I think, for me, it would be concentrating on keeping this dialogue going and not slipping back into silence after the initial shock wears off and you feel you’ve ‘done something’.
I hope things work out well for your Mum and that your family are closer as a result.Posted 4 years agocaptaincarbonMember
Our next door neighbour of 30 years was the same, dont feel guilty for not being there.
She lost her husband 5 years after we moved in, so was rattling around a 7 bedroomed house on her own for all that time. We never went into her house, but would go into her garden to help her keep it tidy etc, share cups of coffee and chat to her every day. She used to come over every christmas for her annual sherry and mince pie, and was at the local churh 3 times a week arranging flowers and helping with coffee mornings and raising money etc.
didnt see her one morning and looked throuh the kitchen window later that night, she had fallen. We broke the door down to see to her and the smell was atrocious. rubbish and waste food everywhere. mountains of unopened loaves of bread, jars of coffee and tubs of butter. The place was filty. She had broken her hip and didnt return hoe, but spent the next 7 years in a residential home and lived to 102!
We took charge of clearing her house so it could be sold to pay all her expenses.
the place was filthy, beyond imagination, but we had no idea this was the case. Saw and spoke to her every day. . . . in the last years she never used the bathroom, she used to wash in the kitchen sink, and the only room in the house that was clean, her bedroom, well, the stench was indescribable, and we had to get proffesional in to remove the tin biscuit boxes full of excrement that were stacked head high in the wardrobes, and also under her bed.
No one knew, no one had any reason to think she was struggling like she was.
She would stop at the corner shop every day to buy a loaf of bread, a jar of coffee and a pack of butter. When we asked the shopkeeper he thought she just had a big family…
We were so shocked and felt so guilty, and thought we could have done so much more for her.Posted 4 years ago
Thanks again. To answer a few questions, last time I was there the house was full of clutter (though not totally full, dirty, cold and unhygenic), so not a place to go and visit, certainly a far worse place to have Xmas etc. than our houses, and I didn’t really have any other reason to be in the area – when my sister passed by more recently she’s met mum but she didn’t go in the house, wasn’t allowed in I think, so mum has visited us instead. More recently when we’ve become aware it’s getting worse my sister has offered to go and help sort things out and been refused – you can’t impose if they won’t let you until you’re in the situation we’re now in where she can’t drive (which she needs to do to live independently there even if she could get home – she is free to leave but we’re not taking her). My sister has spoken to her GP, but not got a lot due to issues of confidentiality – I’ve already taken her to my GP, she was having blood tests done whilst I was opening her front door (taken by mrs aracer)! She’s lived on her own for 19 years, though the house was cluttered before that when we lived there – never had friends round as the house was too messy, though it was far from being unfit for habitation – I think it’s been a gradual process as she’s stopped doing stuff and it’s got a little worse every day rather than being a sudden thing. Summons is being sorted – that’s actually one of the easiest things to deal with (though thanks again to stimpy).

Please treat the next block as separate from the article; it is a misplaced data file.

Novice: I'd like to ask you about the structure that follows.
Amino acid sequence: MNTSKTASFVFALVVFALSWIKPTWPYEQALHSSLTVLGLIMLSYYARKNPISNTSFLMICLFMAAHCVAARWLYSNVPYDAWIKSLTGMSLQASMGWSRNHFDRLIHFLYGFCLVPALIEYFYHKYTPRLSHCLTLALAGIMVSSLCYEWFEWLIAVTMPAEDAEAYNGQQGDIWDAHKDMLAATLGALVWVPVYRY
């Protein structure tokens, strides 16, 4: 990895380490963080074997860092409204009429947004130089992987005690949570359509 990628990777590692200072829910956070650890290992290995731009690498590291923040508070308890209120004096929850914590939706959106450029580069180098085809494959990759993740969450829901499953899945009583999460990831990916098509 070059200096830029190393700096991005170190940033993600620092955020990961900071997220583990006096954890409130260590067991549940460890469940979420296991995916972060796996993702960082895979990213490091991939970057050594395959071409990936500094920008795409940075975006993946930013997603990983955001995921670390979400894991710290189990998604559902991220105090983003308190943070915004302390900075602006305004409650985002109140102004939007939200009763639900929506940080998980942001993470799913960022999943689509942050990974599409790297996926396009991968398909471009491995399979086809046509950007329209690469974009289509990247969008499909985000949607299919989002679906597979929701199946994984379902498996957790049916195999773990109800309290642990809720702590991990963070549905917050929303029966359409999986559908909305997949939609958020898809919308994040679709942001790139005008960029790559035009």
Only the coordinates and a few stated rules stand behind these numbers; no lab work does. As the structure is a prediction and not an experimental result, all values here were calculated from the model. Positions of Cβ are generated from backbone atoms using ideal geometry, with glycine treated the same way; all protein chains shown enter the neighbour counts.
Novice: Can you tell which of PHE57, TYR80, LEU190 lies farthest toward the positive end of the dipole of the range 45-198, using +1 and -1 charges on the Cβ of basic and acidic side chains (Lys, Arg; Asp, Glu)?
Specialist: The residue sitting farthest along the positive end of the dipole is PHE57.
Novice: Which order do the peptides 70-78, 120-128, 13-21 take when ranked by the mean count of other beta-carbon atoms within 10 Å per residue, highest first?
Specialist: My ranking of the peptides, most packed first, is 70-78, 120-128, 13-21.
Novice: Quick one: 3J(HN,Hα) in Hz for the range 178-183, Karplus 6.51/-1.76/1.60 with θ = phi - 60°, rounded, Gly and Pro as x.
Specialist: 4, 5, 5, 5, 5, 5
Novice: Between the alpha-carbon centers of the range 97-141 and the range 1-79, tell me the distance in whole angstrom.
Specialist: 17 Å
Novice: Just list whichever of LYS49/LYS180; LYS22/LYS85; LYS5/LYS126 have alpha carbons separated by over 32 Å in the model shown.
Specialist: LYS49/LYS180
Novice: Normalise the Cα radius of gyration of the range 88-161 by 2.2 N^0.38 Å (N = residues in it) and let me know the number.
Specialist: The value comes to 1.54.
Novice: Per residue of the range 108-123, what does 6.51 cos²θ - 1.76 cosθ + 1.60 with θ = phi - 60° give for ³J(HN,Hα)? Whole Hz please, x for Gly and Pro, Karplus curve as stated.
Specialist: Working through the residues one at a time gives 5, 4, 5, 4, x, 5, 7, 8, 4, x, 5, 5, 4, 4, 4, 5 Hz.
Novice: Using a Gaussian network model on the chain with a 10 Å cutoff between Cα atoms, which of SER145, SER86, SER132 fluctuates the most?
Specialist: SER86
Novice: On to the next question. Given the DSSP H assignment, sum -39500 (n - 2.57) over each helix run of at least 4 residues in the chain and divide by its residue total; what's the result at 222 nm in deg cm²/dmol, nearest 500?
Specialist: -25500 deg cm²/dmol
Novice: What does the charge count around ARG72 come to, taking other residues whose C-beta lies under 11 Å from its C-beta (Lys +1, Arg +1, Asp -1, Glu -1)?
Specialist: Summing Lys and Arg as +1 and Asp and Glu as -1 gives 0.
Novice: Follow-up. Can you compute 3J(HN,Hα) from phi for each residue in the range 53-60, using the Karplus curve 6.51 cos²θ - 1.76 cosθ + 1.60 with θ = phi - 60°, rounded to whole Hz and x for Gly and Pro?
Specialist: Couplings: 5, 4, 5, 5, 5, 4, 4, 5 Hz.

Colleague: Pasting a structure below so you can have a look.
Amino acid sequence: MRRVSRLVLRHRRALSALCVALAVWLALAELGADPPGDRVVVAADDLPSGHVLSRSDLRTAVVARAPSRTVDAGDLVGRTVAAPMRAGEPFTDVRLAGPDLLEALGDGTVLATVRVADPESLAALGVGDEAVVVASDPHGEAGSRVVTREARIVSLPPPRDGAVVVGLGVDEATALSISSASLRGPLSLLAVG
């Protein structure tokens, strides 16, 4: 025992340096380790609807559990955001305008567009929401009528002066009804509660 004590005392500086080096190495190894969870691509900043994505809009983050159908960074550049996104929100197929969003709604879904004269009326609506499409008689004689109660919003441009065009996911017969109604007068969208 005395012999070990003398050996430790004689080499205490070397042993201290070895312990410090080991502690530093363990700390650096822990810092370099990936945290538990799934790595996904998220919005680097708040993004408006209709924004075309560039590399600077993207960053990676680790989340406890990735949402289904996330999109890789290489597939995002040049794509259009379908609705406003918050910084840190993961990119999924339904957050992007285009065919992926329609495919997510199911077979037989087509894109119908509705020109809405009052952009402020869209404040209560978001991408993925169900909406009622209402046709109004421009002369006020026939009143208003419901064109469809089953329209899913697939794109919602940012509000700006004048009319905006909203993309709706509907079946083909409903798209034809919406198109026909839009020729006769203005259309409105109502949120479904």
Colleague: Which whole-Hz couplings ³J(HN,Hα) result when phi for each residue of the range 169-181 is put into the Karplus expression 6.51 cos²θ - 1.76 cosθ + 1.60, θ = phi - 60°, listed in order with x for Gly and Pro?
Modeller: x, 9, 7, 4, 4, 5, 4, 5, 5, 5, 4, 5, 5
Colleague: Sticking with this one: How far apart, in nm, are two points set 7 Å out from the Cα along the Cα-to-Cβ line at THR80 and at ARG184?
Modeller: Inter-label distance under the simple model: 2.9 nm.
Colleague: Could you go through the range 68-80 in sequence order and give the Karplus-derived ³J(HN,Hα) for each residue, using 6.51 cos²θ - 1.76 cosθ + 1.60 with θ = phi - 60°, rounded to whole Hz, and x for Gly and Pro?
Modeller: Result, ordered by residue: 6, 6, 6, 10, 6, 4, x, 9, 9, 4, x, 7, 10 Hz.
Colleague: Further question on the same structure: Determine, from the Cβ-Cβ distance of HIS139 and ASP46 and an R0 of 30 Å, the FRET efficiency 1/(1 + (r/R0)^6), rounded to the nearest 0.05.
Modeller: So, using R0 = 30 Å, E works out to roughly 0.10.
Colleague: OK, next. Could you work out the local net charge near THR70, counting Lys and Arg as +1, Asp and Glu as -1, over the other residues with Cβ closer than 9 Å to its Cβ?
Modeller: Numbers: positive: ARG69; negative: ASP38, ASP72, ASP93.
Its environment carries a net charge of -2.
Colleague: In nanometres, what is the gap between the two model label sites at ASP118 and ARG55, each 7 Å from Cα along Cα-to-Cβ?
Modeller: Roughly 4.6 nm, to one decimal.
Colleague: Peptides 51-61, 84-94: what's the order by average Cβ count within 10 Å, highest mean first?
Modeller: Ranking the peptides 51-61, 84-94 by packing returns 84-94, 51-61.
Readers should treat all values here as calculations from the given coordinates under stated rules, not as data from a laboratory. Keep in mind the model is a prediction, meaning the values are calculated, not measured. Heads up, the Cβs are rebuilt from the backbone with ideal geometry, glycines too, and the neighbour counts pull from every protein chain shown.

To look on the positives at least we’re doing this whilst she’s living in a warm house and being fed properly rather than in different circumstances. She also somehow managed to avoid becoming seriously ill living there and we will find her somewhere better to live where we can visit regularly with our families.Posted 4 years agocinnamon_girlSubscriber
Sorry, can I just pick up on your point of patient confidentiality – I’ve been there. By explaining to the Receptionist by phone what the circumstances were, it was relayed to the GP who phoned me and was most helpful. Sometimes you have to be persistent, in the nicest possible way.
Well done on what you’re doing, it will be bloomin’ hard for you but you’re clearly doing your best.Posted 4 years agoSmudger666Subscriber
What cougar said about it taking two to not visit/speak.
By the time I realised what was going on, five years since I spoke, a few more since visiting a relative that I should have been more of a relative to.
GP is probably the best that you can do now. You can’t deal with this without professional help, IMO.
Good luck, and as has been said, you are now stepping up, so suck up the guilt, get on with the fixing it.Posted 4 years ago